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Is rainfall seasonality important for reproductive strategies in viviparous Neotropical pit vipers? A case study with Bothrops leucurus from the Brazilian Atlantic Forest

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Two populations of the Neotropical lancehead Bothrops leucurus were studied in two locations in Brazil (Espírito Santo, ES, and Bahia, BA) with different rainfall seasonality patterns. The timing of reproduction was very similar in both populations, with the mating season occurring in autumn (when spermatozoa were found in uteri) and births occurring in summer. In males, spermatogenesis peaked in autumn, with evidence for increased secretory activity in the epithelium of the ductus deferens during the mating season in both populations. Our results indicate that phylogenetic inertia plays a major role in determining the timing of reproductive events in B. leucurus. However, snout-vent length (SVL) and clutch size were larger in individuals from BA than ES, which may be a result of differences in rainfall seasonality or other proximate factors (e.g., differential prey availability).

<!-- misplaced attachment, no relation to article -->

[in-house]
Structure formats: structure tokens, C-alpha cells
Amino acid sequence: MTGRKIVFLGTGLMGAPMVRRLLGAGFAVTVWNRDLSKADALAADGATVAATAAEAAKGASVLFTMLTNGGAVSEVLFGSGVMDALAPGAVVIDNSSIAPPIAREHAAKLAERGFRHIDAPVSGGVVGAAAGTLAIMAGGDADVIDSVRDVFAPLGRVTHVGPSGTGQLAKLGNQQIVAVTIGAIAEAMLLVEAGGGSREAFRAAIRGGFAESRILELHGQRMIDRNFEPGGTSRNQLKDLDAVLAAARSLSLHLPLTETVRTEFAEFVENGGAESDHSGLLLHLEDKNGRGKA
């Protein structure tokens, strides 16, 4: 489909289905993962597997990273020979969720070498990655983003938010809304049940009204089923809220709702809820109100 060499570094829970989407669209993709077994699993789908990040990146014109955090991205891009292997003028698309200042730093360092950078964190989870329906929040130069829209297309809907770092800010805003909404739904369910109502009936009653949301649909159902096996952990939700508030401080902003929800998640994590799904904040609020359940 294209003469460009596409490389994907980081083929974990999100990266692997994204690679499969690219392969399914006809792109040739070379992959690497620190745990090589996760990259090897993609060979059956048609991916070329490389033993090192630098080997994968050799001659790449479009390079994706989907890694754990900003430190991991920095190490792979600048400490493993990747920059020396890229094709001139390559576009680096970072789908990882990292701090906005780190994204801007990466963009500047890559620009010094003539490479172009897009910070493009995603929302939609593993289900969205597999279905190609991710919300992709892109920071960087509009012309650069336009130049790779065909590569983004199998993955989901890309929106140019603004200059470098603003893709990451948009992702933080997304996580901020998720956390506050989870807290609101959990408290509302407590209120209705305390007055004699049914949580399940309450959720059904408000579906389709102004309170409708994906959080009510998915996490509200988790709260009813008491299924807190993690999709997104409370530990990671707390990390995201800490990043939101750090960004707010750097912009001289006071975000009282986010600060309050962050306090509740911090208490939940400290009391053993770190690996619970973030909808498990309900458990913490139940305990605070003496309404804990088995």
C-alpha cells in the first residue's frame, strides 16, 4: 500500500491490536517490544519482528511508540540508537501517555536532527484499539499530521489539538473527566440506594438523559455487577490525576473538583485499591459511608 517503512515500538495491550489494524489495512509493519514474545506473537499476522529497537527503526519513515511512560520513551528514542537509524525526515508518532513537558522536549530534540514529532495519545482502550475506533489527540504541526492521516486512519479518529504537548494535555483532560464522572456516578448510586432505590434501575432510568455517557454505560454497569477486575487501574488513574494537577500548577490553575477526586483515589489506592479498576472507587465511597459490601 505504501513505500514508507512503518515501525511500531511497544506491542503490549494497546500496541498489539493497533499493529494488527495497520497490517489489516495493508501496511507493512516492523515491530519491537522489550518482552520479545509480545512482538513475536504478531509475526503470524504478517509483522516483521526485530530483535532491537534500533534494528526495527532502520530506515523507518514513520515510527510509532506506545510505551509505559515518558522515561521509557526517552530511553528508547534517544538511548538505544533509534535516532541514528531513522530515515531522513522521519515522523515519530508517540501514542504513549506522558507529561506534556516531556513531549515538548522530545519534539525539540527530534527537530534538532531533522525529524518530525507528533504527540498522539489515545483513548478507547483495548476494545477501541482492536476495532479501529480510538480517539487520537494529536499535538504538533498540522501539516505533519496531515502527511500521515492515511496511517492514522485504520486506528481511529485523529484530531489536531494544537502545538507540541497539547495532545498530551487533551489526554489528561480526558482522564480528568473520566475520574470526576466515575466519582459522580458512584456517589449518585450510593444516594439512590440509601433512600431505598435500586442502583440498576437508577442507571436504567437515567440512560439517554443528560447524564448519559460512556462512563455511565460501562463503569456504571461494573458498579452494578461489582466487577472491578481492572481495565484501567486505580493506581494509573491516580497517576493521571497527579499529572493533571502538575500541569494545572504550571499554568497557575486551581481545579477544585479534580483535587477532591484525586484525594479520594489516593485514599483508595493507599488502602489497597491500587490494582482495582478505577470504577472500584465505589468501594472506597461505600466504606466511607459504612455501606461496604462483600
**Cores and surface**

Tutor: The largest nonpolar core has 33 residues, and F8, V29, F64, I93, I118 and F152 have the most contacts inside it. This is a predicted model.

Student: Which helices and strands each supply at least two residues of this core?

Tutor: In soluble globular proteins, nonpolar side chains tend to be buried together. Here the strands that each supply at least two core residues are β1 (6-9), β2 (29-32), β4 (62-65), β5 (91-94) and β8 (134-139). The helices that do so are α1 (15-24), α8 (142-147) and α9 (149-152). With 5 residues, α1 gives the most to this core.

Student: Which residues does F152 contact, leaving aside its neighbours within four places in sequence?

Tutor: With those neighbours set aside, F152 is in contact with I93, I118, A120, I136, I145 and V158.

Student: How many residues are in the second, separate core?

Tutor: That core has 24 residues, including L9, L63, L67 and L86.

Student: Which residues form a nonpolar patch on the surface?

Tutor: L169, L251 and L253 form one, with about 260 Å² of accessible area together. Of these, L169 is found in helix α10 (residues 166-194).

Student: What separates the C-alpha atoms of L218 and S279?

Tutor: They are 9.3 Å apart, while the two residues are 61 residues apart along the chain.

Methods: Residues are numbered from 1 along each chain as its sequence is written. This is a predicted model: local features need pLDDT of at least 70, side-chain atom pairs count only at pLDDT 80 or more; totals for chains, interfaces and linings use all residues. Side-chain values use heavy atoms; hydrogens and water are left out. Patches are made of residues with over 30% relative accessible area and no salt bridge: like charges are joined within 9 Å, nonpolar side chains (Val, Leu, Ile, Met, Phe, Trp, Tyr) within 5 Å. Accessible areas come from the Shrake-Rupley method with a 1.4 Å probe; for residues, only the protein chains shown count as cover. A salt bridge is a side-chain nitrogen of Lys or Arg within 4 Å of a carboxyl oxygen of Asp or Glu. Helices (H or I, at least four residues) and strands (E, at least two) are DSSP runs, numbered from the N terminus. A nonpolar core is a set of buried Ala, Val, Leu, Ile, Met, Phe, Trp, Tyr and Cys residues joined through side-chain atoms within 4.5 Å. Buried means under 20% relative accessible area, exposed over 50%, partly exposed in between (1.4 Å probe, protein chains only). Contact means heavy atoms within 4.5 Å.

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Keywords: CLUTCH SIZE; ENVIRONMENTAL CONDITIONS; LONG-TERM SPERM STORAGE; PHYLOGENETIC INERTIA; REPRODUCTIVE CYCLES; SPERMATOGENESIS

Document Type: Research Article

Publication date: 01 April 2014

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